Red tape nearly stopped Eketahuna's world cheese win

Last updated 12:05 09/12/2013
Biddy Fraser-Davies, owner Cwmglyn Farmhouse Cheese, Eketahuna.

A WAY WITH CHEESE: Biddy Fraser-Davies, owner Cwmglyn Farmhouse Cheese, Eketahuna.

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A traditional farmhouse cheese from an artisan producer near Eketahuna has won a silver medal at the World Cheese Awards in Britain.

Cwmglyn Farmhouse Cheeses' Biddy Fraser-Davies said the 2.3kg wheel of cheese almost did not make it to the competition due to Ministry of Primary Industries (MPI) red tape.

"The official from MPI said I could not send the cheese because I did not have an export licence," she said. "Then they had a change of heart after reading the regulations."

A proviso was that the cheese was to be tasted only by the judges in the competition and any leftovers had to be destroyed.

"Very dangerous stuff is cheese," she said with a laugh. "Cows are very much a mobile bio-hazard because they have their milk storage unit near their waste elimination vent."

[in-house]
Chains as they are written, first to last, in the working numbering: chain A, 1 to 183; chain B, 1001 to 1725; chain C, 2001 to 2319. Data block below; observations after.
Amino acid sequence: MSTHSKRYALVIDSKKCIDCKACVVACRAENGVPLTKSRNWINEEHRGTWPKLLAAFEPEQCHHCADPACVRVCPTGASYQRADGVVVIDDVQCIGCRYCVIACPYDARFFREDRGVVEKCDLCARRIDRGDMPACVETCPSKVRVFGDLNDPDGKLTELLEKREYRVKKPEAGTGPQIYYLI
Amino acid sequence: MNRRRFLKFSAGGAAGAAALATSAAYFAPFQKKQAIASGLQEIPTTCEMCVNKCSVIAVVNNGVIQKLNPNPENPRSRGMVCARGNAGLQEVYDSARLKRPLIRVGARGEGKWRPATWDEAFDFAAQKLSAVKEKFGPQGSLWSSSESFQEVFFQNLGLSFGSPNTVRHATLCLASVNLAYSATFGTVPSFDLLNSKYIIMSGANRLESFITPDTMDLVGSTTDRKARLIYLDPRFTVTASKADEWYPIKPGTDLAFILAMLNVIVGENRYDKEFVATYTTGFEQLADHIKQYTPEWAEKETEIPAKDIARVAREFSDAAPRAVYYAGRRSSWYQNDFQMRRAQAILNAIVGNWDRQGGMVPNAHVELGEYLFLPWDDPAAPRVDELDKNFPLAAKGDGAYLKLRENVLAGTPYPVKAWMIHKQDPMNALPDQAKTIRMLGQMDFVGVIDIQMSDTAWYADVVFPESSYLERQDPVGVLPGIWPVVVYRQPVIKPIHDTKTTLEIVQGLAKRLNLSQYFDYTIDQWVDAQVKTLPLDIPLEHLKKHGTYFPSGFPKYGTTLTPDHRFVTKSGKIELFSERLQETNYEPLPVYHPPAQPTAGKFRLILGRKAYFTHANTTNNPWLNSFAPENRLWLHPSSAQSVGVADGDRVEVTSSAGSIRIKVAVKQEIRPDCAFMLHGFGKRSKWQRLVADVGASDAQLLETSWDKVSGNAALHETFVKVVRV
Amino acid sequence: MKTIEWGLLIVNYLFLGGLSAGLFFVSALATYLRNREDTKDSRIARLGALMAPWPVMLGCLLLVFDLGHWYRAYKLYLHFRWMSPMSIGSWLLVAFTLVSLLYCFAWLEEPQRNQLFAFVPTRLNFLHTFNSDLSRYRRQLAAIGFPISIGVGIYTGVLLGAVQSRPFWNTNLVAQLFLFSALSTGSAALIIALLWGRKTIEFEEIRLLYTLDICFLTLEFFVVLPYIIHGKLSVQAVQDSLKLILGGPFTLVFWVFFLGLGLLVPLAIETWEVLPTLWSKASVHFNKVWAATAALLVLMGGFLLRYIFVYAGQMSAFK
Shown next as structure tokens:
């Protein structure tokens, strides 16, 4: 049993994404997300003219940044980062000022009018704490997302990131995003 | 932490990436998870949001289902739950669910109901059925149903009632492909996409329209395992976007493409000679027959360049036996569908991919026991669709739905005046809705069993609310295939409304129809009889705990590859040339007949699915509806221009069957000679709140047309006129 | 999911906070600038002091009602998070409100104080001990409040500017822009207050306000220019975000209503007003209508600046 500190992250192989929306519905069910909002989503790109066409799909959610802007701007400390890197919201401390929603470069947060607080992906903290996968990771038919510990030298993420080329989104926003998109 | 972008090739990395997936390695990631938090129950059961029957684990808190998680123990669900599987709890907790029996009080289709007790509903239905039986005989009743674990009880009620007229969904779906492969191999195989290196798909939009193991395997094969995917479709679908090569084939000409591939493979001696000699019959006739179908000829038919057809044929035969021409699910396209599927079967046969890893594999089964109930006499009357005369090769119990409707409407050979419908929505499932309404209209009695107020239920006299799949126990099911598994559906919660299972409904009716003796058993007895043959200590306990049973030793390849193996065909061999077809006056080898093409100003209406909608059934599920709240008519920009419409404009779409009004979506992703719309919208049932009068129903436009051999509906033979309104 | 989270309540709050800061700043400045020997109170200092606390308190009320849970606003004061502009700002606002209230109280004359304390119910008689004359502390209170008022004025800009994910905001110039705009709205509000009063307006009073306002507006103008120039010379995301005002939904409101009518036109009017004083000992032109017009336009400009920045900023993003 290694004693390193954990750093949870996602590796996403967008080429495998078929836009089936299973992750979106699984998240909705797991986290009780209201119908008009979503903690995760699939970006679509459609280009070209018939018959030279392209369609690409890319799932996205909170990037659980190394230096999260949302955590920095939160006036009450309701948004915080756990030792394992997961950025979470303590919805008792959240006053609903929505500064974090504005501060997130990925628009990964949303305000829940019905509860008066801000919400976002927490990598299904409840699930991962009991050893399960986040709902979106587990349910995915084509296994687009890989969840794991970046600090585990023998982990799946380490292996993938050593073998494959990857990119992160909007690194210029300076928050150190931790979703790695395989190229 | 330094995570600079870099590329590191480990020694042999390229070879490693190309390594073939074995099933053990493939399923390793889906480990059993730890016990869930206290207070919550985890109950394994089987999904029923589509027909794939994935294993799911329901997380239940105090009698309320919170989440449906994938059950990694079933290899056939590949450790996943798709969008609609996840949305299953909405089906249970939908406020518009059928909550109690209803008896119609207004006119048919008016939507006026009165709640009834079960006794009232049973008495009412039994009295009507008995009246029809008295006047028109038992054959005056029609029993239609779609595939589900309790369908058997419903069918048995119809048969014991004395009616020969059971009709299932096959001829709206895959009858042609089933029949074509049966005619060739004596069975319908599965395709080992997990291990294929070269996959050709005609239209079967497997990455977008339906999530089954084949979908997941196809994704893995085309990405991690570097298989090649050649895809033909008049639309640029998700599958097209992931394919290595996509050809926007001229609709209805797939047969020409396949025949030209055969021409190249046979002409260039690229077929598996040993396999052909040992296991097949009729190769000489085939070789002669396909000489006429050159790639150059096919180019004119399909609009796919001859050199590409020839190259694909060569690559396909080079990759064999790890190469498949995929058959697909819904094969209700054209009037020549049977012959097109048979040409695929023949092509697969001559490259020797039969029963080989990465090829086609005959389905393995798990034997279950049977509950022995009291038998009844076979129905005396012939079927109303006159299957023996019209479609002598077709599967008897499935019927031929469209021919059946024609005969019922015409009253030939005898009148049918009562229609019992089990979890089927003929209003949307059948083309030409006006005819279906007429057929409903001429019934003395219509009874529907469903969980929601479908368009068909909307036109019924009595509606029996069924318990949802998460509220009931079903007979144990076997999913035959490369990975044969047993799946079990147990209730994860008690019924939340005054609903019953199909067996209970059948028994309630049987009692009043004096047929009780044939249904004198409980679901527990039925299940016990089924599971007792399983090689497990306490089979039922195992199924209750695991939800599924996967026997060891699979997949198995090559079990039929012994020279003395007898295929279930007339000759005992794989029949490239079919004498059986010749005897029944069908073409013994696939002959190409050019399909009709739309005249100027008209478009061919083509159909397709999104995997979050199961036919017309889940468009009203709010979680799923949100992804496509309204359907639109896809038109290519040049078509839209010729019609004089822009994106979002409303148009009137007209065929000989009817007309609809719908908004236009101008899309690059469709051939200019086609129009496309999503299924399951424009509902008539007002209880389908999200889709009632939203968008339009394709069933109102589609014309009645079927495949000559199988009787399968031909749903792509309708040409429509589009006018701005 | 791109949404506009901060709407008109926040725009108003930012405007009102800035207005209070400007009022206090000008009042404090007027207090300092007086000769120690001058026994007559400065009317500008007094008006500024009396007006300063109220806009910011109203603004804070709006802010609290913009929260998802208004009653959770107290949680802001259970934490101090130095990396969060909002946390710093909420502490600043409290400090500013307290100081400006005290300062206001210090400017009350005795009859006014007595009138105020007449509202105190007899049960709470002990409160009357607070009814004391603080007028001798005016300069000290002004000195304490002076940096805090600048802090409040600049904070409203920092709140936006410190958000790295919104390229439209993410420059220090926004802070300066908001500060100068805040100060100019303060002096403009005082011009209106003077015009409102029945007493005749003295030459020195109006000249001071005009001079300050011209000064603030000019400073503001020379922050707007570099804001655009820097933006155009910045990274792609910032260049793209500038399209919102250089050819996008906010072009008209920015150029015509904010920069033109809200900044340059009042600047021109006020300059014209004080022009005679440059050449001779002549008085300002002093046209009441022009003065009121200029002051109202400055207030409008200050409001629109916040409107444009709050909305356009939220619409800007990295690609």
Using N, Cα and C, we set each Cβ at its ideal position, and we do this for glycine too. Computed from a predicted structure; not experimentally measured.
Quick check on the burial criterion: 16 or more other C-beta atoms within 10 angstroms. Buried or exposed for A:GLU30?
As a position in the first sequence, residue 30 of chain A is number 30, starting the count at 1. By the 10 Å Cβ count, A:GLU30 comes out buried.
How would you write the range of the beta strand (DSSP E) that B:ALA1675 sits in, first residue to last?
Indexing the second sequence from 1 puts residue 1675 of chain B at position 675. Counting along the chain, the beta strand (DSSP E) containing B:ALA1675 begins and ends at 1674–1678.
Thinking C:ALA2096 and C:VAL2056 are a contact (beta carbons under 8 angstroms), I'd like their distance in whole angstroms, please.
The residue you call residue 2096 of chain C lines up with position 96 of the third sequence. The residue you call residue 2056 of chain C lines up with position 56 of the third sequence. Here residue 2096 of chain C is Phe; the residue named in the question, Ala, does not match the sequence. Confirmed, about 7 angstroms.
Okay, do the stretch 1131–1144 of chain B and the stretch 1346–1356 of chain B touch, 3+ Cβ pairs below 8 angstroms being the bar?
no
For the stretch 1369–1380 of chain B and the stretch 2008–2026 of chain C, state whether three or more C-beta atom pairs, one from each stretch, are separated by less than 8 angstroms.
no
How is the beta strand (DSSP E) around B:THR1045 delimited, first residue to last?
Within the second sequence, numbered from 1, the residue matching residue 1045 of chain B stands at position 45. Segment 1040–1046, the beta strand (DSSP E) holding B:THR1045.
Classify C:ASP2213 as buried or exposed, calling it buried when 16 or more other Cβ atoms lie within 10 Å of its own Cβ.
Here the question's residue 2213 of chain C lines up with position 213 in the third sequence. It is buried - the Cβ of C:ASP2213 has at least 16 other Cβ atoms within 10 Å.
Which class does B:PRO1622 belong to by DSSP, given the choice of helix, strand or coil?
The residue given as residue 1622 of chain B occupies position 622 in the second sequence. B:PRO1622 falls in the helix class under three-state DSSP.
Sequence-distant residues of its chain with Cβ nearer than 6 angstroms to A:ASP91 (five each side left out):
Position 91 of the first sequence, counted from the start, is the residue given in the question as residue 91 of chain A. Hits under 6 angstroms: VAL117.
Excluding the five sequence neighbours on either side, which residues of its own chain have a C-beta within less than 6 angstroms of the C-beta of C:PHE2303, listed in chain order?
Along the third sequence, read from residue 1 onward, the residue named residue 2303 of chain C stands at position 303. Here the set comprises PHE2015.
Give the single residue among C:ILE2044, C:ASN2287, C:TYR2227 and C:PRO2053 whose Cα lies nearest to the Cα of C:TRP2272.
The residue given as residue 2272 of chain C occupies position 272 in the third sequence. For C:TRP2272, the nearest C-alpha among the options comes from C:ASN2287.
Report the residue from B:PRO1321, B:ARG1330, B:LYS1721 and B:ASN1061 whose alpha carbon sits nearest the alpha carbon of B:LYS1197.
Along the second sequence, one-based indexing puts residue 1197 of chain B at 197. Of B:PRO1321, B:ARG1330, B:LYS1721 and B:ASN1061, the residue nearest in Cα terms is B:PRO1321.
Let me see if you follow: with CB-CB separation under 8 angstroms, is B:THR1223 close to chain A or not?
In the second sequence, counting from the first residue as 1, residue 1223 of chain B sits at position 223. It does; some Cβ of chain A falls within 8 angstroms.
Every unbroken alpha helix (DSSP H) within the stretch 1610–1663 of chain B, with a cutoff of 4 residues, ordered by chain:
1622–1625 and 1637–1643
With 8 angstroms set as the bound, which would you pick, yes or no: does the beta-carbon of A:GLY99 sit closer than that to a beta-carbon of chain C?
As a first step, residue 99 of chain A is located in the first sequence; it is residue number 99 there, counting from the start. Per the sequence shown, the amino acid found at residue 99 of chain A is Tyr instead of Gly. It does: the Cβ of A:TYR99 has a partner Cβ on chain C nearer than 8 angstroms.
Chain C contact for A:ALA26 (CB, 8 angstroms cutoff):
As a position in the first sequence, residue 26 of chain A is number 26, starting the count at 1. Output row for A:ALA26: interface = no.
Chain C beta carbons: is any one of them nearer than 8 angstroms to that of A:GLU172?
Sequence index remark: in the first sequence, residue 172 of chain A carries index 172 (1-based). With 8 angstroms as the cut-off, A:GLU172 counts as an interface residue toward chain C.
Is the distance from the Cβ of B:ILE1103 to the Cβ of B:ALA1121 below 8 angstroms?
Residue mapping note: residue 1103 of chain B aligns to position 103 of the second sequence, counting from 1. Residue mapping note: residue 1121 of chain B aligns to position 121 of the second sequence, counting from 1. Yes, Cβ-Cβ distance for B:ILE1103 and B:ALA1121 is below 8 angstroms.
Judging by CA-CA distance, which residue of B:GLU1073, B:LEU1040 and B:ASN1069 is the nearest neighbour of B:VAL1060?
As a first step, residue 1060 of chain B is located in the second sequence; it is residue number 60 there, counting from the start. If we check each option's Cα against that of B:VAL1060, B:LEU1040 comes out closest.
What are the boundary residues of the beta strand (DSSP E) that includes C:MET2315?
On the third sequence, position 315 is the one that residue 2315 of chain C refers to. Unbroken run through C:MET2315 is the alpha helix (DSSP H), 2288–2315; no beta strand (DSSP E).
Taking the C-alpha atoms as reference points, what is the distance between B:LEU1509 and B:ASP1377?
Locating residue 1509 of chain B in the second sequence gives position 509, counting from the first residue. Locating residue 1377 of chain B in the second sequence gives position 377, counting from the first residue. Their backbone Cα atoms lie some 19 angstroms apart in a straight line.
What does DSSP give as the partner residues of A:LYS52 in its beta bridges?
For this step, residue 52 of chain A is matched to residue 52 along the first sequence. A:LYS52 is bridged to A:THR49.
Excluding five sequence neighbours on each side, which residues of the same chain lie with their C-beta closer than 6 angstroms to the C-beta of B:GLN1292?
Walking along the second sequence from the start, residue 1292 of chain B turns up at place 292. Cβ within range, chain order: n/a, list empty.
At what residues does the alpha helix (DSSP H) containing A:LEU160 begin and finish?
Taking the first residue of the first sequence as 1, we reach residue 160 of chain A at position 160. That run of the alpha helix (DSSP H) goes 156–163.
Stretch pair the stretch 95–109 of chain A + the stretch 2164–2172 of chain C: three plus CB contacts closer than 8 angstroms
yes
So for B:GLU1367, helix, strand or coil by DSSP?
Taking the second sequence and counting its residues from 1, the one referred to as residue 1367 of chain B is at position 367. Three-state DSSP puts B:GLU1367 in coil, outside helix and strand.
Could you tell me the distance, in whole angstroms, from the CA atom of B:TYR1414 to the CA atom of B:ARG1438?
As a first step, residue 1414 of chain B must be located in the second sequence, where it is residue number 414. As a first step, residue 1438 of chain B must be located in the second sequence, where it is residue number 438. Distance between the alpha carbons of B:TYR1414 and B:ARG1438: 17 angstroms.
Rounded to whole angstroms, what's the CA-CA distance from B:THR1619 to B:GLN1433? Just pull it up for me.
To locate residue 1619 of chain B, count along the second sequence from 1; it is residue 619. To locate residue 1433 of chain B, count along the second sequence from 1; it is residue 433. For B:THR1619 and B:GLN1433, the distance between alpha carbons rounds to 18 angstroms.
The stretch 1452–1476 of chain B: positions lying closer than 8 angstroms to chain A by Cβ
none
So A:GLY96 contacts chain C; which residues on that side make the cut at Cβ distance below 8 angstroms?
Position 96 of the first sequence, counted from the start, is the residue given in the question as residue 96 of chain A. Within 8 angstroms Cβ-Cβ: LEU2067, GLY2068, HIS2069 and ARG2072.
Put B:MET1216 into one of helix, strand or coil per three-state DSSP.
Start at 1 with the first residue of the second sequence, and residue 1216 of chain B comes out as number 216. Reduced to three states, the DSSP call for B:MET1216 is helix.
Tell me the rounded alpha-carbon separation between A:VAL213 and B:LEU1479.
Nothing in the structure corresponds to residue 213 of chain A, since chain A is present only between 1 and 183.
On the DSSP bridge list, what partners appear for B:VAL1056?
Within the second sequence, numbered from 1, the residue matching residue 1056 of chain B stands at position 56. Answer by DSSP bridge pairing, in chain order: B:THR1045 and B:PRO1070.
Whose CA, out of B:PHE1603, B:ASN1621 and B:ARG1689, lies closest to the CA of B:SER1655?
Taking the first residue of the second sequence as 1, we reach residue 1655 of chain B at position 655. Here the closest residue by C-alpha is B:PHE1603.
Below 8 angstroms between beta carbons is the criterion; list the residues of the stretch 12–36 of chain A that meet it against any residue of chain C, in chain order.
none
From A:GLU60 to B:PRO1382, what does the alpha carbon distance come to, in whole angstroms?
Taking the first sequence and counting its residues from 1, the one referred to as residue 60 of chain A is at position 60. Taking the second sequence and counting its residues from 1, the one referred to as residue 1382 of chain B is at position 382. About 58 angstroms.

She also had to sign a form in front of a JP stating her cows were healthy and she was not sending anything dangerous.

The big cheese was sent off and in late November was awarded a silver award for a class for members of the British Specialist Cheese Makers Association.

On her farm she and her husband Colin, make cheese from the milk provided by four jersey cows, Holly, Patsy, Dizzy and Isobel, milked in a one-bale shed.

The silver medal cheese was made from Holly and Dizzy's milk.

On December 3, she received an email from one of the competition's judges, Sian Oliver-Gay, a member of the Cheese Makers' Association, saying "there were certainly some really good cheeses there, so to get a silver medal was no mean feat."

Cwmglyn Farmhouse Cheese is sold to three Wellington restaurants: Logan Brown, The White House and Shed 5 and at two shops: Ontrays Food Emporium, Wellington, and C'est Cheese in Featherston.

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